Purpose: Sports-related injuries are common and often require physician or hospital care. Since the advent of concussion laws in fifty states, hospitals across the country have come forward to partner with secondary schools in the provision of sports medicine healthcare. The outreach agreements are consistent: Hospitals hire athletic trainers (ATs) and then outsource them to schools. ATs help mitigate risk in sports programs. Onsite at the schools daily, ATs provide immediate evaluation and treatment for injuries that occur and render decisions regarding the appropriateness of an injured athlete’s return to participation. The goal of this case study was to describe the experiences of one hospital in relation to (a) the factors the contributed to its administration’s decision to provide athletic training services to area schools, (b) the program structure, (c) the annual costs, and (d) the benefits reaped. Methods: This investigation spanned the course of the first five years of the hospital’s partnership with four separate high schools. Interviews with key hospital and school district administrators along with additional tracking of the number of professional medical referrals helped to illuminate the program’s successes. Results: The partnership proved to be a win-win. It strengthened the hospital’s community relations, provided area school sports programs with much-needed medical oversight, and provided a consistent stream of revenue generation via professional medical referrals, both for the hospital and for its affiliated providers. Conclusion: Hospital administrators should look to this example as one that supports the decision to partner with local schools in the provision of athletic healthcare.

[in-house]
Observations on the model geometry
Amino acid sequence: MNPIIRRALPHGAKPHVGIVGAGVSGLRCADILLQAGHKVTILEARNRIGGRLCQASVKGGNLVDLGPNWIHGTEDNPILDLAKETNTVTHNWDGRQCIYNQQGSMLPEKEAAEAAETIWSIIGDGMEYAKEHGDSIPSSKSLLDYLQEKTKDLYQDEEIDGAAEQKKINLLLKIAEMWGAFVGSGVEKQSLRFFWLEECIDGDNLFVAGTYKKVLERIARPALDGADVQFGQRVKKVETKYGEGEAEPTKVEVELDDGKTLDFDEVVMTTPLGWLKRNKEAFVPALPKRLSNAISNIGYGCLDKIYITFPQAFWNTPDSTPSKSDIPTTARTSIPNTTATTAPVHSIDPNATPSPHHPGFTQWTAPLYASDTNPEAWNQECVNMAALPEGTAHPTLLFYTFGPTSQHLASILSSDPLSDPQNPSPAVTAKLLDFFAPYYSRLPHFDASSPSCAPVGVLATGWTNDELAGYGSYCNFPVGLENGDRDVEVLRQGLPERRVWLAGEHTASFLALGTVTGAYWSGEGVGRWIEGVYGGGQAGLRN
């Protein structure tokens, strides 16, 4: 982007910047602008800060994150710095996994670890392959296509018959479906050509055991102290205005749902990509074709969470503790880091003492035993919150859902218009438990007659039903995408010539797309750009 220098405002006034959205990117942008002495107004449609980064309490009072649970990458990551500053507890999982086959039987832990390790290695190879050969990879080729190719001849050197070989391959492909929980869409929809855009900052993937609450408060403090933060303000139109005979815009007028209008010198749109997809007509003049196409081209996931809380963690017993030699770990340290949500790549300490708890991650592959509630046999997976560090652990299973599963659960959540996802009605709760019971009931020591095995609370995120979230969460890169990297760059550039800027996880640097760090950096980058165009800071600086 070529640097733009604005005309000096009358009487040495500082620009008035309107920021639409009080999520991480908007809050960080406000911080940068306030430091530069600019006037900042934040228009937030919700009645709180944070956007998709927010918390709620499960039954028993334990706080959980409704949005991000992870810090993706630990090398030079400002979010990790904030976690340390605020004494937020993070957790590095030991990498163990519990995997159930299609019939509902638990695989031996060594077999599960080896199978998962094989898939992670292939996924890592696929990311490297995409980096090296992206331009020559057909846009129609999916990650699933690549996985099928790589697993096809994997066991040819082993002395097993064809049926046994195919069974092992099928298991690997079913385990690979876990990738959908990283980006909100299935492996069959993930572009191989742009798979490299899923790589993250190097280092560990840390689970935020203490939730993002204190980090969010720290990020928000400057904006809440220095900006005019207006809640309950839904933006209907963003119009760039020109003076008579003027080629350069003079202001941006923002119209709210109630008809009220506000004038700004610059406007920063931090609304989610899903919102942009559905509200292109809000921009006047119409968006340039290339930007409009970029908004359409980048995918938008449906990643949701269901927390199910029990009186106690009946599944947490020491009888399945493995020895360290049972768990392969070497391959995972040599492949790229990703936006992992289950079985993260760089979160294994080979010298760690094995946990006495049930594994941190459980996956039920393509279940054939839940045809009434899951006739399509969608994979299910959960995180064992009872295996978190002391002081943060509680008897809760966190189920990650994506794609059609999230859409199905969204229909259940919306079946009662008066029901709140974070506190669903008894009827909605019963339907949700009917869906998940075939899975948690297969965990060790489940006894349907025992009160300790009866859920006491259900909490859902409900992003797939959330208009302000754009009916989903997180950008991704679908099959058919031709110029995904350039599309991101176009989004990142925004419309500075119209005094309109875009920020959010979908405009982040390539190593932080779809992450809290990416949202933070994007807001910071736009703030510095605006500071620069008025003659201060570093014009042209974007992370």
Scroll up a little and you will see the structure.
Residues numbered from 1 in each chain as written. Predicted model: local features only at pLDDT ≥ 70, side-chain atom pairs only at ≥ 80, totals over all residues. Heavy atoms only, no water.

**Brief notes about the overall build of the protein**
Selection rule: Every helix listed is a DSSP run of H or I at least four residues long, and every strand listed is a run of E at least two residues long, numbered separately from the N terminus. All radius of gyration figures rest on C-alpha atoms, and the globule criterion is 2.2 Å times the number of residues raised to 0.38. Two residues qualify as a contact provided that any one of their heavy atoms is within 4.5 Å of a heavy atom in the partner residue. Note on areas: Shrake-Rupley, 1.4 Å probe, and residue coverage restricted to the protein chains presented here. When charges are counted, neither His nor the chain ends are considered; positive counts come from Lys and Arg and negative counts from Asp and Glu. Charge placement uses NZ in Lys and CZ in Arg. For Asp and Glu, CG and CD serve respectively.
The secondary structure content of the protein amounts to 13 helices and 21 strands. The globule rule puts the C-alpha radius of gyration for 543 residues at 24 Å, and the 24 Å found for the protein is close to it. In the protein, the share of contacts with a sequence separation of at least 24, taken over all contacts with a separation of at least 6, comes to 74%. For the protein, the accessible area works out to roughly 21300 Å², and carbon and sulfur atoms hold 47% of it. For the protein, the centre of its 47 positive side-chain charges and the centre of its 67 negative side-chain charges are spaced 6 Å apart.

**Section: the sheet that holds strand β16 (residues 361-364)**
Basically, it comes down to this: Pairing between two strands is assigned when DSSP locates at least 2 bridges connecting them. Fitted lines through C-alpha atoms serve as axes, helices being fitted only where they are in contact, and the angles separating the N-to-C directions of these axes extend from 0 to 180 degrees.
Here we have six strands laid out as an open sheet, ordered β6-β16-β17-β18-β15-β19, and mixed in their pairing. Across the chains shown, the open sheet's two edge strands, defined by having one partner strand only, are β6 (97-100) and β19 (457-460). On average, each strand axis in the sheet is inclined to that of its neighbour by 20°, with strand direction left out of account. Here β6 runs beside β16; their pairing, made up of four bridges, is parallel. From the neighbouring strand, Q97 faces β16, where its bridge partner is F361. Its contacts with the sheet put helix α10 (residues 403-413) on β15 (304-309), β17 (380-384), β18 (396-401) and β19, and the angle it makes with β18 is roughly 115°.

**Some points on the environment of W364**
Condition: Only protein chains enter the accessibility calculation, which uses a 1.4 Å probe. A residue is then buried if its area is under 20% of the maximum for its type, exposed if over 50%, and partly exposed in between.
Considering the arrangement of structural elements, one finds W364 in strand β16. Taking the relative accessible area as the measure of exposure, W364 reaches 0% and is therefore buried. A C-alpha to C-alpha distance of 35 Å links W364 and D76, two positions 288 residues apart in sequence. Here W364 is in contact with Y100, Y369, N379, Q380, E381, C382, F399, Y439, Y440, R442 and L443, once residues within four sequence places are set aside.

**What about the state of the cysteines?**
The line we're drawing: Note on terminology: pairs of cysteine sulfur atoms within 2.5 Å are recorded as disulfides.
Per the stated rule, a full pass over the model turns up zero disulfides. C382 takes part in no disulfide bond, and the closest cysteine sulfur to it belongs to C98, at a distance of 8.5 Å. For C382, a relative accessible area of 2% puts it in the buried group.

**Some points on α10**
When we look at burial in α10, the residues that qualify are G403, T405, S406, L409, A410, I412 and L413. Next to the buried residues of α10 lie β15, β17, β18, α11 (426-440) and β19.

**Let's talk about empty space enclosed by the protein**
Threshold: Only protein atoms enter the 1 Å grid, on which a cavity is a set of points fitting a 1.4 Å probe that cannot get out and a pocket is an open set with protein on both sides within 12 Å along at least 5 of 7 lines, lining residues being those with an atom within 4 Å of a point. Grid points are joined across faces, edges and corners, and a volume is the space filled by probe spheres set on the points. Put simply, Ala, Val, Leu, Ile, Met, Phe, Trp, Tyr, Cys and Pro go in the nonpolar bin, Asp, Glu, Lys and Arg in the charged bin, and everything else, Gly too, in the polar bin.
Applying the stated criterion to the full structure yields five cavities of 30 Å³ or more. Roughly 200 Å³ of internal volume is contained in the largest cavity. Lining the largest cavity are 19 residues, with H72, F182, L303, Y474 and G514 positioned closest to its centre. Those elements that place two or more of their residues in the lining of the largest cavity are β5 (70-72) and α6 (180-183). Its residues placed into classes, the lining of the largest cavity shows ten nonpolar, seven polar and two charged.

Faure CE. The Rationale Behind and Impact of One Hospital’s Provision of Secondary School Athletic Training Services: A Five-Year Case Study. The Internet Journal of Allied Health Sciences and Practice. 2022 Mar 31;20(2), Article 11.